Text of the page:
War in the air




Before the Great War in 1914, aeroplanes had never before been used as a weapon in battle. However, the Great War brought about a huge change in the aeroplane and a new era of warfare was begun. 
At the outset of the war many military leaders viewed the aeroplane as a novelty and couldn't visualise the benefits of such a machine in battle. Soon the aircraft proved itself effective for reconnaisance missions to spy on enemy trenches, spot artillery emplacements and take photographs of enemy positions. Both the Allies and Germans were soon developing more effective and reliable  aircraft for use in the war.

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Airbattle 1914.

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Pilot's Greetings.

The step to fighter aircraft and bombers was only a short one. Fighting between aircraft began as pilots carried projectiles to throw at ennemy planes. Soon both sides were fixing machineguns to aeroplanes to fight in the air. Small bombs were also developed that could be dropped from an aircraft onto enemy supply dumps and trenches. Bigger and better planes were soon being built to carry heavier loads and to travel longer distances over enemy lines. 

When the British went to war against Germany on August 4, 1914, they fully anticipated that the skies over England would soon be aswarm with giant Zeppelin bombers. The German public enjoyed similar expectations; even the school children favored a lusty song that urged the mighty airships to fly against the enemy. "England," they sang, "will be destroyed by fire."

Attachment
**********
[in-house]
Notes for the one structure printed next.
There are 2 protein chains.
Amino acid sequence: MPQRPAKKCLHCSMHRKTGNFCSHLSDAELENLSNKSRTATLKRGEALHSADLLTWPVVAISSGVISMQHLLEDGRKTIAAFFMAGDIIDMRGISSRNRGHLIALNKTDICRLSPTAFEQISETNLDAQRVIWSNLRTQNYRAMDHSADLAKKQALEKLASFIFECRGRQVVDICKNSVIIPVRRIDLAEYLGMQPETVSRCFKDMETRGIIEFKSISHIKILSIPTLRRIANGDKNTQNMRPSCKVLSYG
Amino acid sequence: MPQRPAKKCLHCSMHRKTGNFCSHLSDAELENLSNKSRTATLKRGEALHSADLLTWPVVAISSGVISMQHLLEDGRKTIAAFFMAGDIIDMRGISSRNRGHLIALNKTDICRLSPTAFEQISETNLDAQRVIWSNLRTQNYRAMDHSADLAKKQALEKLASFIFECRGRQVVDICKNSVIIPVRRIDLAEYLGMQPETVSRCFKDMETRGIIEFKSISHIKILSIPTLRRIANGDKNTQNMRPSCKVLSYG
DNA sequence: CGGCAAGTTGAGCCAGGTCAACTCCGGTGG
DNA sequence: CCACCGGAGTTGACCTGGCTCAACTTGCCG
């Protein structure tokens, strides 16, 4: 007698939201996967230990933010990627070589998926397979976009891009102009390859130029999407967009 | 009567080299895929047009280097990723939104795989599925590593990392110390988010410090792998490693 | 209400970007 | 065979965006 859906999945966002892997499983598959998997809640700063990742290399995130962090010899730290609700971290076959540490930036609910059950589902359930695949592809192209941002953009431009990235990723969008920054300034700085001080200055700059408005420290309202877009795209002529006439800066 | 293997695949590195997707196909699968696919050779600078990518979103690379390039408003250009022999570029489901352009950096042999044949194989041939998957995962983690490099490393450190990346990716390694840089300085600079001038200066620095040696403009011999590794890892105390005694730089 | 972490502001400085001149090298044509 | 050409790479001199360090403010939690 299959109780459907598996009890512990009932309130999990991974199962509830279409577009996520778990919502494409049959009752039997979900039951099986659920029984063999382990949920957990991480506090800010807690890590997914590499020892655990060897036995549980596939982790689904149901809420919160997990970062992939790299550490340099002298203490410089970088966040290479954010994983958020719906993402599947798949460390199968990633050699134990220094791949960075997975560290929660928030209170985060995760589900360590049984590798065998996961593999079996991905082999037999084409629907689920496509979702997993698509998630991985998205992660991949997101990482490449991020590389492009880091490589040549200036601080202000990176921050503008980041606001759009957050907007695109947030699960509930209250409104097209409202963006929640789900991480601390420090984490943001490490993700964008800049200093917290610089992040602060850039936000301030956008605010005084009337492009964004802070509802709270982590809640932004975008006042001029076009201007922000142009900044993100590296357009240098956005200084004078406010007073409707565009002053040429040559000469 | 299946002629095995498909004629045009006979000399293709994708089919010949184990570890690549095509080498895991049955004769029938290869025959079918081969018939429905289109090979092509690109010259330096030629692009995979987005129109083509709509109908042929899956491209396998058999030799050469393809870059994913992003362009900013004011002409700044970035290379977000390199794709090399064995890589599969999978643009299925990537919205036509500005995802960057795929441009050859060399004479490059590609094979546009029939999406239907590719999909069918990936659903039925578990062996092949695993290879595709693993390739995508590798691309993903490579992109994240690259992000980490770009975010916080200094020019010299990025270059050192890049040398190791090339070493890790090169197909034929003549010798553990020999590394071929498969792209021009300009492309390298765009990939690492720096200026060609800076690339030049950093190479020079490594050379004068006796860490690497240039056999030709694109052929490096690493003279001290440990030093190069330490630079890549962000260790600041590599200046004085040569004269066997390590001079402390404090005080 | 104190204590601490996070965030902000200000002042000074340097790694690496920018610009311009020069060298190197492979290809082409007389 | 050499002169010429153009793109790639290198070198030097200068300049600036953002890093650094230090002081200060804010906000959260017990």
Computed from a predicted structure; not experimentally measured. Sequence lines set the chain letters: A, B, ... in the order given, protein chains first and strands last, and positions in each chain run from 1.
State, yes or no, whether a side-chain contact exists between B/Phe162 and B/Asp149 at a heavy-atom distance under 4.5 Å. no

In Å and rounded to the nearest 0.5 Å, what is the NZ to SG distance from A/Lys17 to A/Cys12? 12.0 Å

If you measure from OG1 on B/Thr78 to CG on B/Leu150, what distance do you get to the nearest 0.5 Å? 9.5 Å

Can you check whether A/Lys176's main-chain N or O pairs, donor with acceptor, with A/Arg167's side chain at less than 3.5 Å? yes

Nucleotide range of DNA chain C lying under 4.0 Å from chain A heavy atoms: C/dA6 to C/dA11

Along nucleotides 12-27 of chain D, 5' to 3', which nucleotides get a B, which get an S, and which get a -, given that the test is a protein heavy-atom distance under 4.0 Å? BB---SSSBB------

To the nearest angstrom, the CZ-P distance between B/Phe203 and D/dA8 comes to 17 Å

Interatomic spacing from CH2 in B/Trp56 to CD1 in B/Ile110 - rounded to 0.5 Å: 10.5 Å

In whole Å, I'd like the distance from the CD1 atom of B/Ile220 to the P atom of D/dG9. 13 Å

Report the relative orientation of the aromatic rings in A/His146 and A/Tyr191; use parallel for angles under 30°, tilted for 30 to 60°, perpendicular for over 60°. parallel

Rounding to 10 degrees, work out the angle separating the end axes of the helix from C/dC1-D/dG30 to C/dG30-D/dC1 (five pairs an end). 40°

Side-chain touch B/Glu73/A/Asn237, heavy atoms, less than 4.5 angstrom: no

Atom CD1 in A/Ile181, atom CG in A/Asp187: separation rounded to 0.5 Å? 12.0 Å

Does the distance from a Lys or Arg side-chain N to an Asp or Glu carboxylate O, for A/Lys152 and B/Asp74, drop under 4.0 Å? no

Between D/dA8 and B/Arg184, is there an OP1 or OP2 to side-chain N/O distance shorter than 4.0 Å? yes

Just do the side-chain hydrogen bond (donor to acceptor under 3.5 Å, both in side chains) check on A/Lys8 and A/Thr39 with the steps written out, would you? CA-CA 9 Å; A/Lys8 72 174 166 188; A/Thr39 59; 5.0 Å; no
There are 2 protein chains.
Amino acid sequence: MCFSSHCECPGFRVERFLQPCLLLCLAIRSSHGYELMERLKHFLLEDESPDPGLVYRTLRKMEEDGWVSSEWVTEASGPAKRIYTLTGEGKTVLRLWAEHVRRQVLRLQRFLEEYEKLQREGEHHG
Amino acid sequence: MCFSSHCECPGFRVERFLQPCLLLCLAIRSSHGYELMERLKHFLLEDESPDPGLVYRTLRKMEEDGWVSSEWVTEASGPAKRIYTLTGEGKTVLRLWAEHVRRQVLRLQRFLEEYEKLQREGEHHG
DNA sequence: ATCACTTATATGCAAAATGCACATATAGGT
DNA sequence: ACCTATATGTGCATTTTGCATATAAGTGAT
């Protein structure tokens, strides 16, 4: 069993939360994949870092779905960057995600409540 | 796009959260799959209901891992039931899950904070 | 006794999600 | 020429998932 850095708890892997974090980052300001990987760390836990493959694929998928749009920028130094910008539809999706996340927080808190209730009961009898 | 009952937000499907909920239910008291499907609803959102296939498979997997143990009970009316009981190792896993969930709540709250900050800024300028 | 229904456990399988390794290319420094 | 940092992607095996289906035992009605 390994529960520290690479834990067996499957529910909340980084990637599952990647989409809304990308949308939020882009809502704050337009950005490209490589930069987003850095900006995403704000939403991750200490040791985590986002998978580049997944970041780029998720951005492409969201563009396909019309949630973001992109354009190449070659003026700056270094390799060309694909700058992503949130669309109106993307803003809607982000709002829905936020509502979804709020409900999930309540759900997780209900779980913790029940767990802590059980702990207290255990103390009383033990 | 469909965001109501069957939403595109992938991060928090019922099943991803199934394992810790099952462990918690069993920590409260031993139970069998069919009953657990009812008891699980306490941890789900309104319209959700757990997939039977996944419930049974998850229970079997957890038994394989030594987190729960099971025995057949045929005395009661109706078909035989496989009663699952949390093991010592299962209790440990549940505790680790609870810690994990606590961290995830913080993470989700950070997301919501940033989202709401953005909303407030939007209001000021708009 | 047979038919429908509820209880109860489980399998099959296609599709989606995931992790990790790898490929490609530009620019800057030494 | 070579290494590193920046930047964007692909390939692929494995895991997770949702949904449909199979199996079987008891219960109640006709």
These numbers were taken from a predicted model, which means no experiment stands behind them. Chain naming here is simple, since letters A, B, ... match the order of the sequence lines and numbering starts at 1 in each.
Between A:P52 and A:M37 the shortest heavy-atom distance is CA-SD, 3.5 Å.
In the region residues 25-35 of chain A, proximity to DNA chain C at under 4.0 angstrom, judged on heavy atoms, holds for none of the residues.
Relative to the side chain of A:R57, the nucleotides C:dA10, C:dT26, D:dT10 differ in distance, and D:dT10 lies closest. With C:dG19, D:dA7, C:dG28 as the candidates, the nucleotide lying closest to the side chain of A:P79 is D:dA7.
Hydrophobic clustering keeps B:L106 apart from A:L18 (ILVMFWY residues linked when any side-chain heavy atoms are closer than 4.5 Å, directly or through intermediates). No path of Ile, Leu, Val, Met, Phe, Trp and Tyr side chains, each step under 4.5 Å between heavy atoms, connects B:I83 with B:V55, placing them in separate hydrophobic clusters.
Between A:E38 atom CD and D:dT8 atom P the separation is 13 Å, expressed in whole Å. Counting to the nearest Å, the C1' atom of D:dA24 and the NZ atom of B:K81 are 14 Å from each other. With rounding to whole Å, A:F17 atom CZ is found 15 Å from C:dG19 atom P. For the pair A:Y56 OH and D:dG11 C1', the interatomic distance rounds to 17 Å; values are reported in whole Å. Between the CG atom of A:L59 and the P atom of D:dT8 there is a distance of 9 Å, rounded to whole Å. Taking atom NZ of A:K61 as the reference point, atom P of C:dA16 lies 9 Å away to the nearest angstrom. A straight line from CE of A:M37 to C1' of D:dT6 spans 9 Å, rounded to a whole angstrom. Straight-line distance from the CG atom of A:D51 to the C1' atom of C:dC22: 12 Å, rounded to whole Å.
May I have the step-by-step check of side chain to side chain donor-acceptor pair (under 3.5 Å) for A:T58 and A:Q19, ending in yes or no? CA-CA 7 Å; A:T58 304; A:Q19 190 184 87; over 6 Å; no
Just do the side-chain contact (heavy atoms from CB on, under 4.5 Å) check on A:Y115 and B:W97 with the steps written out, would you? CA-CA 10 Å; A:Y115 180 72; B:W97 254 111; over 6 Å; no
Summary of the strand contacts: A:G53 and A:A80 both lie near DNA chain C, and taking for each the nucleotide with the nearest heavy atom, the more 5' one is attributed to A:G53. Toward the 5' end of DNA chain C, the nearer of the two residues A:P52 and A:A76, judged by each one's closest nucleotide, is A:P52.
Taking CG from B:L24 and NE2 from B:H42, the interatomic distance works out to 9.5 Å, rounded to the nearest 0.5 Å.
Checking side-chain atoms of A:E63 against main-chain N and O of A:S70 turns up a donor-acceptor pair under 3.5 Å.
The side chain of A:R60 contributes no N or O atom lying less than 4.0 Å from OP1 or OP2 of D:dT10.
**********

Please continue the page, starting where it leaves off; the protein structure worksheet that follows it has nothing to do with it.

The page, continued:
In fact, Germany was ill-prepared to mount such an onslaught. The Navy had lost two of its three airships in peacetime accidents, and four of the Army's six Zeppelins were brought down by hostile fire during the first weeks of warfare. 
All this was to change drastically, owing largely to the passionate faith and ruthless dynamism of a single officer: Commander Peter Strasser.

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Peter Strasser.

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Zeppelin over

The Zeppelin Company responded to the challenge of war by agreeing to build 26 military airships, of an enlarged and improved design, by 1915. The eight British rigids that flew during the War were technically about five years behind the German models and had little impact on the conflict. Germany's Army, not to be outdone by the Navy, expanded its airship service too, although - lacking a Strasser - it would never match the Navy's in size or effectiveness.

(Source: The Giant Airships - Douglas Botting - Time Life Books 1980)



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